Leaders can elicit stronger commitment and willingness to follow requested actions when they deliver messages tailored to the audience’s “psychological distance” from them, according to Stanford’s Nir Halevy and Yair Berson of Bar-Ilan University.
“Construal level theory” (CLT), developed by NYU’s Yaacov Trop and Nira Liberman of Tel Aviv University, posits that the “psychological distance” is related to differences in organizational hierarchy position as well as spatial and temporal distance.
Halevy and Berson found that greater psychological distance requires greater message abstractness, often characterized as “high level,” “visionary,” and “big picture” communications.
In contrast, communications with people who work closely with each other are more influential when messages are concrete and specific.
Halevy and Berson found that “construal fit” is associated with greater job satisfaction, commitment, and social bonding.
These findings add to other “fit” theories, pioneered by Paul Hersey and Ken Blanchard’s Situational Leadership concepts, and suggest leadership behaviors are most effective when tailored to specific workplace situations,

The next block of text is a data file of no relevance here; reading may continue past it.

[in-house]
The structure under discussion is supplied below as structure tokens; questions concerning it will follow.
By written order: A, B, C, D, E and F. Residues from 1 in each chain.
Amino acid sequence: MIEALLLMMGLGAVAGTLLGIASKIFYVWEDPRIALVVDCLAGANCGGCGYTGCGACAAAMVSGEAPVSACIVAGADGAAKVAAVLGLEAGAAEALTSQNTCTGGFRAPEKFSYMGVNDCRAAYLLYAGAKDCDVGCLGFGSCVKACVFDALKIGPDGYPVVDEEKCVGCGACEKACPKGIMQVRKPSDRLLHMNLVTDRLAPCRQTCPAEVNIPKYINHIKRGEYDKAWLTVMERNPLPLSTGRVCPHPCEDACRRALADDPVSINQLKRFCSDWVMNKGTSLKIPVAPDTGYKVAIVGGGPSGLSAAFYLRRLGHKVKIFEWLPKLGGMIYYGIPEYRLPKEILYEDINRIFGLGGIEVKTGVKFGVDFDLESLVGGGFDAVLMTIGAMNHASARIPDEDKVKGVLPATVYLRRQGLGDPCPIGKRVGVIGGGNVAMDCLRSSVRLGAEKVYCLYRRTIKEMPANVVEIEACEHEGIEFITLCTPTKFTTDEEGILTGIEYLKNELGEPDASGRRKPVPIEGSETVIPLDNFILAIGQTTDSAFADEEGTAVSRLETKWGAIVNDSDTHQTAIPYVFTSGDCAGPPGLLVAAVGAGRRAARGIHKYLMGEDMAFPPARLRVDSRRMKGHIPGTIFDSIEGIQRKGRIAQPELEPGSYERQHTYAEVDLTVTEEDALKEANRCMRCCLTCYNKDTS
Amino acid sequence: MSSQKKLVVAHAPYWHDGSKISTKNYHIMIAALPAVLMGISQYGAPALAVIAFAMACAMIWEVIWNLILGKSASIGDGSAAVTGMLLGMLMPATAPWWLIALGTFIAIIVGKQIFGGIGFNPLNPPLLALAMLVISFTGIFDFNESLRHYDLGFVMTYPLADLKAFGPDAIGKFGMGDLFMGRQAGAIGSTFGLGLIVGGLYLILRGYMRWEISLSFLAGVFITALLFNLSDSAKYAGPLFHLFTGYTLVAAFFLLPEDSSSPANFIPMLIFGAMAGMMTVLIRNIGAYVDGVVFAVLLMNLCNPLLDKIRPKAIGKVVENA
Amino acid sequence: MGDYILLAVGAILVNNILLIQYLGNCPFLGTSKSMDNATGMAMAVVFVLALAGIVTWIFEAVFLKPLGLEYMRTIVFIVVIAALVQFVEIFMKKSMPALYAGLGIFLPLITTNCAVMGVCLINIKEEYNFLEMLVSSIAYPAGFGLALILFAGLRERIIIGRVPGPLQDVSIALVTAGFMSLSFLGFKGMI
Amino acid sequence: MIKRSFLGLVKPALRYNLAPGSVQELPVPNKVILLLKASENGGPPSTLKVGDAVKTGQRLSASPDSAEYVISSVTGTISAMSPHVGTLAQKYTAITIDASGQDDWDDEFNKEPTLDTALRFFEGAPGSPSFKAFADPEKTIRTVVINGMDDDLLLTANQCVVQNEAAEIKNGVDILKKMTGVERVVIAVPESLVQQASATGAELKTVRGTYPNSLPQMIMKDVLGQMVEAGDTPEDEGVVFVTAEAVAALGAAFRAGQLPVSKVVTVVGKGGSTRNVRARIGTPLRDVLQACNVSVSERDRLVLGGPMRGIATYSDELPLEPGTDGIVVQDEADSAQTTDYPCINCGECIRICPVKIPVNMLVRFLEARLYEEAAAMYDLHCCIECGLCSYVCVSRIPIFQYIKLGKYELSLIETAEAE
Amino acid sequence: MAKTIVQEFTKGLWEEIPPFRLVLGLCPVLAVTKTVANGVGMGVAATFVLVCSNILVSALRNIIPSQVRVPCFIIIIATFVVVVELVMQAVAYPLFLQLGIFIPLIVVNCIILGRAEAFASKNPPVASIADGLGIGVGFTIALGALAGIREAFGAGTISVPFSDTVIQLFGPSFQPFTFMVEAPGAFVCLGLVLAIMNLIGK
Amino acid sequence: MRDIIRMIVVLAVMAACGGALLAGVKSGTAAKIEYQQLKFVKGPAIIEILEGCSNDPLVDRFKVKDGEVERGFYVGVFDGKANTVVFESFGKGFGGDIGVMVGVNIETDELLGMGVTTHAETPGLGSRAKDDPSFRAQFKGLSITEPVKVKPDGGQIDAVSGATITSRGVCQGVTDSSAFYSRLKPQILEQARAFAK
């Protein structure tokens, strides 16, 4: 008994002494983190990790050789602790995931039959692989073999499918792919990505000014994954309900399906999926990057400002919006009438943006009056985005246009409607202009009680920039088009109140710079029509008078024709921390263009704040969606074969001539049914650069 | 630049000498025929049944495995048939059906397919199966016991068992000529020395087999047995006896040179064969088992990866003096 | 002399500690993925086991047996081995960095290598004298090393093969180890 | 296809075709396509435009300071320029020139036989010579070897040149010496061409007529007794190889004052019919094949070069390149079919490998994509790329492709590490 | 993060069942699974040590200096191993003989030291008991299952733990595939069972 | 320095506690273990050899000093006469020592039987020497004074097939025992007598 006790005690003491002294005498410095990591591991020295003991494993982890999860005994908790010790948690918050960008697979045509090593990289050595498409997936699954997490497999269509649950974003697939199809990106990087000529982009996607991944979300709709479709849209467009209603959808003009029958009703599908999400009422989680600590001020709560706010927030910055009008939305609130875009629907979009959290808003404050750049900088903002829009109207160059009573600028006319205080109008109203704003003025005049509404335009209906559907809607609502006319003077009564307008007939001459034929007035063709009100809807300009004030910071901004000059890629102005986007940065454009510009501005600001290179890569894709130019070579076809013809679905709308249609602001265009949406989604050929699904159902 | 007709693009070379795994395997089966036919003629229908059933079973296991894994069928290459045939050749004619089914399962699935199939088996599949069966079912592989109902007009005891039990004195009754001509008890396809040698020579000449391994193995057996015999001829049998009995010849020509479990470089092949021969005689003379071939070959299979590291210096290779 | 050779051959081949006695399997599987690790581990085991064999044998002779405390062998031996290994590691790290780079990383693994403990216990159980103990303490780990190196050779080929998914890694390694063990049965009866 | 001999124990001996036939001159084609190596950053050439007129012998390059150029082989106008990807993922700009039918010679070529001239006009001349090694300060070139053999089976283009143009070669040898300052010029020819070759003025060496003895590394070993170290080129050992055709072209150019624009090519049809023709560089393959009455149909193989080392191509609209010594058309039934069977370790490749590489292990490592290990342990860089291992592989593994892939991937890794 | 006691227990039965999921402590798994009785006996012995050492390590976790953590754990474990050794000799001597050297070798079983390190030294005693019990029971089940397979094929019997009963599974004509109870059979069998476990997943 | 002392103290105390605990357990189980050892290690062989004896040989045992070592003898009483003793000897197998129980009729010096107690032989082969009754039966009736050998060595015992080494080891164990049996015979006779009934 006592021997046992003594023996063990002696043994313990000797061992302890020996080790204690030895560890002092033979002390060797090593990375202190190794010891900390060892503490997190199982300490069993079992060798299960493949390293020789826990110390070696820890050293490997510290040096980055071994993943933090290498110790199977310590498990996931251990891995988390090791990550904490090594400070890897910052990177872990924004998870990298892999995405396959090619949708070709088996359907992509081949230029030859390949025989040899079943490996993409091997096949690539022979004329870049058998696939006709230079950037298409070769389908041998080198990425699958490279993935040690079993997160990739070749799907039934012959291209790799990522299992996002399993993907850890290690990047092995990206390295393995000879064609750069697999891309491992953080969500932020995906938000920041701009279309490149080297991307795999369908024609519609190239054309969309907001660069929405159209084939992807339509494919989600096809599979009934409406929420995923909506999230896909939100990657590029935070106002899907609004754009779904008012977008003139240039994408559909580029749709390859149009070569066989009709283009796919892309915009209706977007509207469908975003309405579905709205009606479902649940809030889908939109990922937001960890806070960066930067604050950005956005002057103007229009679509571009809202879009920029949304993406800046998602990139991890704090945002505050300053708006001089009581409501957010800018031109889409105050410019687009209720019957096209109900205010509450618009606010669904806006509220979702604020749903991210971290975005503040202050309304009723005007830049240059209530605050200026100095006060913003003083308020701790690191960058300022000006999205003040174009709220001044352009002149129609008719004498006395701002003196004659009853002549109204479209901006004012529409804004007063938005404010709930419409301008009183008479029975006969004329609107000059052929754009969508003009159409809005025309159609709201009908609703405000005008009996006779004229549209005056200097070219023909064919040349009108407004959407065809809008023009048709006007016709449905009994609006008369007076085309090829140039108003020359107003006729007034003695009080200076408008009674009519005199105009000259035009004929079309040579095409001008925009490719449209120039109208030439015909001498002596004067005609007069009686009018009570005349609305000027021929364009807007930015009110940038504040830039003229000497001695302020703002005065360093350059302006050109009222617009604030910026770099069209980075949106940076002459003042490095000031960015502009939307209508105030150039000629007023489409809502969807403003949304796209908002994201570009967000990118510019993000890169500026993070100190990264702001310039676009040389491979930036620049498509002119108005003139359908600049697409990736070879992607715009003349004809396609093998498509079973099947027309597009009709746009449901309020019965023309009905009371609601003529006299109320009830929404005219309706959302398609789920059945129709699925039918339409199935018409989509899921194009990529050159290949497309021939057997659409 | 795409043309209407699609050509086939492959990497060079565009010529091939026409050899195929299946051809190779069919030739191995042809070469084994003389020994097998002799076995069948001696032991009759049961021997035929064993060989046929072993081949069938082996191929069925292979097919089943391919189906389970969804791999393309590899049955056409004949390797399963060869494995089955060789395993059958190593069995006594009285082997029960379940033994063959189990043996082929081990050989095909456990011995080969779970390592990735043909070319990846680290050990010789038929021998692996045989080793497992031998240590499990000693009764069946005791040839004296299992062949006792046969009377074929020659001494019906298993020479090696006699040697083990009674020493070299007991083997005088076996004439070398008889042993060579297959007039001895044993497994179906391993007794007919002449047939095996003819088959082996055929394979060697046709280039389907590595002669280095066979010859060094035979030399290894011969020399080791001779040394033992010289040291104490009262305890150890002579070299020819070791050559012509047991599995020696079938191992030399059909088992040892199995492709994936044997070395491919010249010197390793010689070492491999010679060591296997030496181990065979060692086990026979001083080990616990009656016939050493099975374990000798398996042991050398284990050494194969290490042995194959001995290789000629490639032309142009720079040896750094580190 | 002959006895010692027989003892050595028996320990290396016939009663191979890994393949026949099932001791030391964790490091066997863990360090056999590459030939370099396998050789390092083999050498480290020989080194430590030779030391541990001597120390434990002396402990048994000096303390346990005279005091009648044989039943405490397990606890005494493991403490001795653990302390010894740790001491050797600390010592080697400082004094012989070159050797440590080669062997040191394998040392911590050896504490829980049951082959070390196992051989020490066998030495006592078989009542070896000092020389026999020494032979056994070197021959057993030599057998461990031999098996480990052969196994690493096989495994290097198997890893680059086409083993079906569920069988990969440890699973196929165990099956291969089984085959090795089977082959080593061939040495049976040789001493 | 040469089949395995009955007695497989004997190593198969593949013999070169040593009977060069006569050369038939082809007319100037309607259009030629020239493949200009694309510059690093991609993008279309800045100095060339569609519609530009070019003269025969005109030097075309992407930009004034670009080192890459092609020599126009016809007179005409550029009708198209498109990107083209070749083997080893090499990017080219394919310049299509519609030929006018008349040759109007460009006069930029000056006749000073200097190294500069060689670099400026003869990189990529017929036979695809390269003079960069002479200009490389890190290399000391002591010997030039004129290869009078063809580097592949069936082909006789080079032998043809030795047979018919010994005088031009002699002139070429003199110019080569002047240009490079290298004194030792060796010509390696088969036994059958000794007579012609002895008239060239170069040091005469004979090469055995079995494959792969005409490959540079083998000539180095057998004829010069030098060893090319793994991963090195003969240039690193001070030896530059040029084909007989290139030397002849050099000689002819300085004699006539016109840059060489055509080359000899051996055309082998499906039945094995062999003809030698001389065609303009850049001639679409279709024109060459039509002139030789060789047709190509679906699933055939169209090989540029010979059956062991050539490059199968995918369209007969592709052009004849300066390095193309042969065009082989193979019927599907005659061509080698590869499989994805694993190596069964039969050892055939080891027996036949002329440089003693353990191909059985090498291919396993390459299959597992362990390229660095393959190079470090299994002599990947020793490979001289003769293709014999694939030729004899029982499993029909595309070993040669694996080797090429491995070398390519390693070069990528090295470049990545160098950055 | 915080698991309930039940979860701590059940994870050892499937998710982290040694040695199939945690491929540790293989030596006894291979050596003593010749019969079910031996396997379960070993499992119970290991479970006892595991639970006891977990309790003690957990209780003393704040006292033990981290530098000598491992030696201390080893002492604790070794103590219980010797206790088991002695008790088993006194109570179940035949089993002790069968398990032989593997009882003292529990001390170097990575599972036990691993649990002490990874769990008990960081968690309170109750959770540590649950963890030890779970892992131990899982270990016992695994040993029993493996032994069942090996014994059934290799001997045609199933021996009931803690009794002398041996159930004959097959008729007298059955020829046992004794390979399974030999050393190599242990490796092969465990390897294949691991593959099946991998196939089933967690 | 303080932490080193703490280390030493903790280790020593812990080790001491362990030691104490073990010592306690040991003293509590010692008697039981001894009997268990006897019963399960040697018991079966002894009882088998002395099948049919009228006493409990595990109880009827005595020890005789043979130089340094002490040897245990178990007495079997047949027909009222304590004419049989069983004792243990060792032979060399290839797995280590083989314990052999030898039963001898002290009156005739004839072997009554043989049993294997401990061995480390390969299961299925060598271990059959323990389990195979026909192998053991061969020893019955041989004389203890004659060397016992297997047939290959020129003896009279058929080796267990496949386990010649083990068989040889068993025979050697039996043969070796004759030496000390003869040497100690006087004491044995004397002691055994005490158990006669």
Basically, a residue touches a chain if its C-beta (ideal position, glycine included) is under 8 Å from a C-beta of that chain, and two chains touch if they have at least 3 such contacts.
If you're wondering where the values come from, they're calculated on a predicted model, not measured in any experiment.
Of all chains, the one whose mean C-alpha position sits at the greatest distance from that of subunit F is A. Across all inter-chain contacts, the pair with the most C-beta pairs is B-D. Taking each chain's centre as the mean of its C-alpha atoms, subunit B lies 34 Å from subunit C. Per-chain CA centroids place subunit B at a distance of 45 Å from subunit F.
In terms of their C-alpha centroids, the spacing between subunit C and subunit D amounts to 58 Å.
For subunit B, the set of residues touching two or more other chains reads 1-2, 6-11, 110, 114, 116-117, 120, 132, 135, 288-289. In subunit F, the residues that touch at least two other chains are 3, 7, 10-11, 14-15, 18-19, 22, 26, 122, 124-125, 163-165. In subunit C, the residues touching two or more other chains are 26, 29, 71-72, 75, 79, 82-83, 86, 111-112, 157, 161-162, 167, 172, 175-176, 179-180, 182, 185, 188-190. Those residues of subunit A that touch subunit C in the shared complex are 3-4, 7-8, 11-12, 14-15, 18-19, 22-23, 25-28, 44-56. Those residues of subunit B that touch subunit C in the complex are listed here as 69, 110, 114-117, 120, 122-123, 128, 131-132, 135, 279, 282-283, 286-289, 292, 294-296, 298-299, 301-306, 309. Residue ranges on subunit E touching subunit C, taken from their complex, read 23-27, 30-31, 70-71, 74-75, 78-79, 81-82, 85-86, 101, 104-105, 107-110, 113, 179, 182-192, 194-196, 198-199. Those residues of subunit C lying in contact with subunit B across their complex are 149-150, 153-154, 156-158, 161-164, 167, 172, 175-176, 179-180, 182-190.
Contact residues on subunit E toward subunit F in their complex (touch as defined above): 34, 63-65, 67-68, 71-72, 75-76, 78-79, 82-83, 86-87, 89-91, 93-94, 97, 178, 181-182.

Practical implications include:
- Providing more specific messages to people working in different locations and time zones.
- Pairing individuals at closer organizational levels for workplace mentoring rather than “executive shadowing” experiences.
*How do you tailor leadership communications based on the audience’s “psychological distance” and “construal level?”
- Multiple Paths Toward Goals Can Motivate, then Derail Success
- Paradoxical Bias against Innovative Ideas in the Workplace
- Reframing Non-Comparable Choices to Make Them Simpler, More Satisfying
- Power of “Powerless” Speech, but not Powerless Posture